by Jan Combs, former financial aid officer at Harvard Graduate School of Education

With 2021 just hours away, many will be contemplating their New Year’s resolutions. Eating healthier, carving out more “me time,” reading more, or restarting that favorite hobby… Those are all worthy resolutions for the new year, but can I add one more for your consideration? How about focusing on financial literacy in 2021? This is one of my favorite resolutions, and there is no better time to regroup and freshen up that financial plan than at the beginning of a new year!

Whether you have young children and want to save for college, have kids currently in college and need to cover that tuition bill, or you have financial goals unrelated to education, like building an emergency fund, saving for retirement, or starting your own business, now is a great time to focus on finances and set some personal fiscal goals.

One tool indispensable to money management is a spending plan. A spending plan provides the opportunity to chart a course and take control over your money. It is a handy document used to allocate your cash flow and plot your savings initiatives. A spending plan is similar to a budget—a tool to track income and expenses—but a personal spending plan takes budgeting a step further by creating a roadmap for reaching your financial goals.

Spending plans help motivate you to monitor your income and chart expenses for each pay period. After accounting for all income sources and all required expenditures and debt obligations, determine the amount of funds that is left over. Then, assign every dollar from that available pool of money to a goal. Perhaps allocate a portion of available funds to bolster your emergency fund, earmark a percentage to college savings, and allocate another chunk of money for that special trip you have in mind. You can (and, in fact, should) earmark a certain amount of your weekly or monthly income to fun—that latte on the run, movie on demand, or new pair of boots. If your spending plan feels too prohibitive and doesn’t make room for things that bring you joy, then it is bound to fail.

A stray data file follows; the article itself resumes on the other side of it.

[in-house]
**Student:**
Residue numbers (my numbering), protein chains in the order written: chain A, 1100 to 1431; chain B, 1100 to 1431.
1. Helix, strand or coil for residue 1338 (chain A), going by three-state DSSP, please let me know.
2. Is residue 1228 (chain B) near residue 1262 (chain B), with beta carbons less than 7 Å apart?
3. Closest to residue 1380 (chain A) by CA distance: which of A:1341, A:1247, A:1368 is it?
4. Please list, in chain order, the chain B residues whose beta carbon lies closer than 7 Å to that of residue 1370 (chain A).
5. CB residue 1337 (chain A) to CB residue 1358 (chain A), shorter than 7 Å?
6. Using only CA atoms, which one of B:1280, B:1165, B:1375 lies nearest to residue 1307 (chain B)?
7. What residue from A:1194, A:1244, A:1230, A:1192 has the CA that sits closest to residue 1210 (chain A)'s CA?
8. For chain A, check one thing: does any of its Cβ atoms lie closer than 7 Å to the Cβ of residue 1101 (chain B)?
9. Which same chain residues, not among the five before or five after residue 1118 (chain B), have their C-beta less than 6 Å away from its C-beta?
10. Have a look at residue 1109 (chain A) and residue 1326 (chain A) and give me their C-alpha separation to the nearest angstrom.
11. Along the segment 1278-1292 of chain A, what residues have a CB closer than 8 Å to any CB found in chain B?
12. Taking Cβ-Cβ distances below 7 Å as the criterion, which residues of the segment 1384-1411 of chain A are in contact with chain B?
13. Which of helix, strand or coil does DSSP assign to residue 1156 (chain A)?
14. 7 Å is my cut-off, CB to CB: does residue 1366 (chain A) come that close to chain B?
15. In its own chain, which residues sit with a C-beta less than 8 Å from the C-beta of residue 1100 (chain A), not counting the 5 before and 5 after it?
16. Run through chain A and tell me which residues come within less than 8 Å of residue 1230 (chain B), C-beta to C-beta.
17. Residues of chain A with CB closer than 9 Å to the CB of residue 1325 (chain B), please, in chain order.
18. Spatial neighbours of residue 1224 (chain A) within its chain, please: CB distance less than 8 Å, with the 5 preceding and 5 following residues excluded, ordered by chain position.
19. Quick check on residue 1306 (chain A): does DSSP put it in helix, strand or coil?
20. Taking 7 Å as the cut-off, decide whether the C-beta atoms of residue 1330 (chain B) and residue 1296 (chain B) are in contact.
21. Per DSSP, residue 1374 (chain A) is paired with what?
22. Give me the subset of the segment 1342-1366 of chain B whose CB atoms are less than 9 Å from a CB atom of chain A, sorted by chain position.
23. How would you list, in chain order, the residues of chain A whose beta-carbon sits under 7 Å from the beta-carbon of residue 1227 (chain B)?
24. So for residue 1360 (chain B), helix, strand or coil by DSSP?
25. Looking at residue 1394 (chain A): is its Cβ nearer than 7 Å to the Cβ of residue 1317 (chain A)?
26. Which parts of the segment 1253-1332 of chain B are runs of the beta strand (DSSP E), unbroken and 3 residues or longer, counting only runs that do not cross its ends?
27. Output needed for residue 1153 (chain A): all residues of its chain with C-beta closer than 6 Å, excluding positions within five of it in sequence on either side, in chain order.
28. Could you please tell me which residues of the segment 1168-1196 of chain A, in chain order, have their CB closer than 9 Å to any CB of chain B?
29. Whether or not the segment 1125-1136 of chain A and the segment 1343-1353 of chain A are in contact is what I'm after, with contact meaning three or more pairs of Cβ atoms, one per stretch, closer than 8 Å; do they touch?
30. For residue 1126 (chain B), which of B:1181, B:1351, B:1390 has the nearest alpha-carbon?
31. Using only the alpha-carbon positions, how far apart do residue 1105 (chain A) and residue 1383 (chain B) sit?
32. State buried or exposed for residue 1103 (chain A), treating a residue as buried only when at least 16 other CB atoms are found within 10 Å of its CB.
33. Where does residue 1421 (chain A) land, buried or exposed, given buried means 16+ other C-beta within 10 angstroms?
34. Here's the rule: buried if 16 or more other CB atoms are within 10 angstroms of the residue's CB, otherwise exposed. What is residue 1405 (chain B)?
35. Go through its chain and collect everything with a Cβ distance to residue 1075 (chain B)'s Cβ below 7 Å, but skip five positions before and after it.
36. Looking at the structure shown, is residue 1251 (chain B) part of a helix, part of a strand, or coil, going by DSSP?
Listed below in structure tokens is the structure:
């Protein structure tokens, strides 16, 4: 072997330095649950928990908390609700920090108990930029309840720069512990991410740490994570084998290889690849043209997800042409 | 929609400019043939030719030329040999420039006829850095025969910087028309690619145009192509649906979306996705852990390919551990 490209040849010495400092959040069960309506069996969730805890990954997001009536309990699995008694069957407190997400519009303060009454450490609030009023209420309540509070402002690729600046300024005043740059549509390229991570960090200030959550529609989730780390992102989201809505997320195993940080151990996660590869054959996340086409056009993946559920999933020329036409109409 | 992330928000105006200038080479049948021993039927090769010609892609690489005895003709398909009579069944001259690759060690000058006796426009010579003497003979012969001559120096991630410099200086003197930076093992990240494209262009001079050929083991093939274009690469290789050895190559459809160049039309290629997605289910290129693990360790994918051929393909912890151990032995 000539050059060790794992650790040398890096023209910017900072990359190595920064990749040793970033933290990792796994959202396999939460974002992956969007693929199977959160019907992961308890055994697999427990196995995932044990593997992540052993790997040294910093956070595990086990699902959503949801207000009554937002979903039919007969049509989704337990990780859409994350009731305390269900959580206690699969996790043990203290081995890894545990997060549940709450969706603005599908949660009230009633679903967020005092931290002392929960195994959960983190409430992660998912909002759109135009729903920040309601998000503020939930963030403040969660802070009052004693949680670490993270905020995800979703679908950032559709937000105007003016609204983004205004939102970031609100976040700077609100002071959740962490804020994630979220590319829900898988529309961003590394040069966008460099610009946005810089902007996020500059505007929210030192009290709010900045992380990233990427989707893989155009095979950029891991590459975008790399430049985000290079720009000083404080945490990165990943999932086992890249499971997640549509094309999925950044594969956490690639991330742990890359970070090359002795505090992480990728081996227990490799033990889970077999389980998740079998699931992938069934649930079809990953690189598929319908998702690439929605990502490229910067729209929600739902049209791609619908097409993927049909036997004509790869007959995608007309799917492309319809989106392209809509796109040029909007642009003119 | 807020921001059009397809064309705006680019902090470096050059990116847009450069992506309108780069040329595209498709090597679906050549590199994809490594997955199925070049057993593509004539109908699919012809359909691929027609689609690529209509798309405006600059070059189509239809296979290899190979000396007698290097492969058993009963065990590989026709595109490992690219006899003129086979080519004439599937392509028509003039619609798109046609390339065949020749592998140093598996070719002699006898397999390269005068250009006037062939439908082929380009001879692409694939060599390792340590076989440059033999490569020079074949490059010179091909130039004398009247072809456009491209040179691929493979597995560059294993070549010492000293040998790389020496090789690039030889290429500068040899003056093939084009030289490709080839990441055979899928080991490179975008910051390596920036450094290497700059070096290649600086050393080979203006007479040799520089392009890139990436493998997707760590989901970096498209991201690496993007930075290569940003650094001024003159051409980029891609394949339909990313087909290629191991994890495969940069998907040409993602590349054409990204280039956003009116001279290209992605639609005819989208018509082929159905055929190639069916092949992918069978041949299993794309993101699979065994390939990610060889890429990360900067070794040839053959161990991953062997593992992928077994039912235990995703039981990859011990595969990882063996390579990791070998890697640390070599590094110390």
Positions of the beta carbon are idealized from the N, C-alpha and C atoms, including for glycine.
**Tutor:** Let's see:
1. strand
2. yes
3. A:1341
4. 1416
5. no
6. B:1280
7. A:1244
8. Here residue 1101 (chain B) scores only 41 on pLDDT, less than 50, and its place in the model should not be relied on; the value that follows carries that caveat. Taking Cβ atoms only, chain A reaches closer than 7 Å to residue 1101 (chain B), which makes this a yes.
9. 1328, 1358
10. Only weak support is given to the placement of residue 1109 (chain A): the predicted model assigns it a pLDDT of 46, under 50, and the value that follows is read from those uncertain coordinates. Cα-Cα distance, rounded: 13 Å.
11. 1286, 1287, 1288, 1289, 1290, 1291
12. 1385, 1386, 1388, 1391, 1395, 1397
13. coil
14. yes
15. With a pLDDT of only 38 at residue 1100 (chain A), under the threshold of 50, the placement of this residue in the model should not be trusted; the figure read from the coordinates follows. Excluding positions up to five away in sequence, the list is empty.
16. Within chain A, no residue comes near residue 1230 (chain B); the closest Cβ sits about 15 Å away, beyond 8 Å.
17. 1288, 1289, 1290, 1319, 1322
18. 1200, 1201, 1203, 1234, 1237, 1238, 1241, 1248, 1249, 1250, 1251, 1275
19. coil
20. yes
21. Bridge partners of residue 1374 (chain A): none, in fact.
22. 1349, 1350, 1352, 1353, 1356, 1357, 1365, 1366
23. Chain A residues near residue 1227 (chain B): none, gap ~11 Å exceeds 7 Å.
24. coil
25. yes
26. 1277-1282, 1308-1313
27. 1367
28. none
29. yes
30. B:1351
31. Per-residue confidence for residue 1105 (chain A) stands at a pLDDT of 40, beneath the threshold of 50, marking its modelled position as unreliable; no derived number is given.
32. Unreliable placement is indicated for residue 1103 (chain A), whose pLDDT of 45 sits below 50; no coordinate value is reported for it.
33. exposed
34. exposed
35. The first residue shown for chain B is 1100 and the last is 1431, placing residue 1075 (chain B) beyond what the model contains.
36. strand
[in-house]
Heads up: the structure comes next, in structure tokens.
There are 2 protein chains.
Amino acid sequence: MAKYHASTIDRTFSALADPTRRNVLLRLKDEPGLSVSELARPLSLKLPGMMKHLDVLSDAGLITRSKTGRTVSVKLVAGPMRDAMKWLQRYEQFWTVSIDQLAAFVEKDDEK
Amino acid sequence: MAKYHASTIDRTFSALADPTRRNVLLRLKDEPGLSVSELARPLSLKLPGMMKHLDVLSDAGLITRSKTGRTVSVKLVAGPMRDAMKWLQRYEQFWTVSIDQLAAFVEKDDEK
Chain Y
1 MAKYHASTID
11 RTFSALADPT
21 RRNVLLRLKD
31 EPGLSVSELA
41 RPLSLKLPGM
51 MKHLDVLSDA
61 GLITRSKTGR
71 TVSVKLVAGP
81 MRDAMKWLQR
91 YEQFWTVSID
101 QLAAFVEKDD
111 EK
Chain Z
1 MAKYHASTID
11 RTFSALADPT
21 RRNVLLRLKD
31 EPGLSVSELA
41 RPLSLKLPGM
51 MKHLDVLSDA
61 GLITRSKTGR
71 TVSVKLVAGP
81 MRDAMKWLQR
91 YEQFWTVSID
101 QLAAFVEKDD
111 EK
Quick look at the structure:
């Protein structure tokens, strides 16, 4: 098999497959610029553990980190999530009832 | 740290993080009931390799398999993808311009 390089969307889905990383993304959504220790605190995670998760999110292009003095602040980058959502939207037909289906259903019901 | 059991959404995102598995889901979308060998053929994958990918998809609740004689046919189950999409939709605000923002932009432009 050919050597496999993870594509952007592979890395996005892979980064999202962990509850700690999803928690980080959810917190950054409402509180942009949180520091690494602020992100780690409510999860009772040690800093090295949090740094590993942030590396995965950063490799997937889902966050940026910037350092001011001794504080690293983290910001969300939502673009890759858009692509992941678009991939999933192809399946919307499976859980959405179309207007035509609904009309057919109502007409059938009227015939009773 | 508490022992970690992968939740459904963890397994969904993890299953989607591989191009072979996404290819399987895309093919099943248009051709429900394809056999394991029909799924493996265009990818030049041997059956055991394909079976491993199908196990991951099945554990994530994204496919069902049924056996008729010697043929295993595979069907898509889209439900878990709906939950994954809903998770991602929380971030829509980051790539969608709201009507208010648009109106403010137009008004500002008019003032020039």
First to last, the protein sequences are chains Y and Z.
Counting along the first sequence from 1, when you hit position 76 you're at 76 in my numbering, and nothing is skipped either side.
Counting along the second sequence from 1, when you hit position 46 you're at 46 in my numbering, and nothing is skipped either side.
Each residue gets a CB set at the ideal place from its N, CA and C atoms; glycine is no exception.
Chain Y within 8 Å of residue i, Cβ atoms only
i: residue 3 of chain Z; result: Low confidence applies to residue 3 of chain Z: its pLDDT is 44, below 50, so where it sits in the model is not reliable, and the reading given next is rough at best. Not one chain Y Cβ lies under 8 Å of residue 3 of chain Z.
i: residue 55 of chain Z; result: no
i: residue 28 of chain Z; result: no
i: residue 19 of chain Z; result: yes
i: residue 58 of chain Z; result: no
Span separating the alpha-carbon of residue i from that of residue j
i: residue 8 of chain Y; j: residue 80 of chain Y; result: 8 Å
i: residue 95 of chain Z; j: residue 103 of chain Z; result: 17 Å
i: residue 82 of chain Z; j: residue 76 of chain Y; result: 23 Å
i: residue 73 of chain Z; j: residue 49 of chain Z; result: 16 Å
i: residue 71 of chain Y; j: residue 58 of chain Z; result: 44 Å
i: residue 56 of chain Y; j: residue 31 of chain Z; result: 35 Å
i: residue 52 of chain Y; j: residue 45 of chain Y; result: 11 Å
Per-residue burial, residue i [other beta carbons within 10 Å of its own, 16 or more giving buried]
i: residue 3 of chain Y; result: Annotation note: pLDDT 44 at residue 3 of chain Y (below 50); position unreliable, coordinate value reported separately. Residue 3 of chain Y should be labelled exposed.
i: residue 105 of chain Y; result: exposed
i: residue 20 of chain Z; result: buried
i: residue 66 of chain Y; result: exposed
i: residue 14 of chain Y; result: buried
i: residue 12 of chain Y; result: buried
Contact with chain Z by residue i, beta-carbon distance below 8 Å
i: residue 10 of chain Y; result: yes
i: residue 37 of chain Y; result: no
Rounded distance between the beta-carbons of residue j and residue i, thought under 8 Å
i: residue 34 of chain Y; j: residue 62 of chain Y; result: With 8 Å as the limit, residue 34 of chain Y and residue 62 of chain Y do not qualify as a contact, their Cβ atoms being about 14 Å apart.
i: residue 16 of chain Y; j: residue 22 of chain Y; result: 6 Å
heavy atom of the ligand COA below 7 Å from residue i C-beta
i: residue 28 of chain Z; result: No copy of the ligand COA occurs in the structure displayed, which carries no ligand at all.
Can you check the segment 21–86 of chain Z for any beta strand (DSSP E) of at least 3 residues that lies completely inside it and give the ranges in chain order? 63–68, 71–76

When using a spending plan, you make a conscious effort to designate where money should go, as opposed to unconsciously spending as opportunities to spend present themselves (because they will always present themselves). Planning where you want to spend your money gives you the power to make decisions that align with your values; you get to decide, based on your priorities and goals, what’s important to you, so you can spend your money on that, and not on things that are not a priority. You should make sure to pay yourself first, develop the habit of saving for specific objectives, and build a cushion for unexpected expenses. Remember, it is A-OK to start small—every dollar you save is a step toward the final goal!

There are many online spending plan templates that will support you in developing a sound personal financial plan or you can create your own system. Just remember to:

  • Use a system that works for you;
  • Keep it simple;
  • Let your values and priorities guide your decisions;
  • Commit an hour every pay cycle to review your spending for that cycle and your game plan for the next;
  • And don’t beat yourself up. If you fall short on a target (which will happen from time to time), figure out what went wrong and how you can fix it in the next cycle.

Happy New Year—may you have good health and financial joy in 2021!

Our College Finance Experts

Written by Jan Combs
Jan Combs is a college finance expert at College Coach. Before joining College Coach, Jan was Director of Financial Aid at Harvard Graduate School of Education and Assistant Director of Financial Aid at Boston University. Visit our website to learn more about Jan Combs.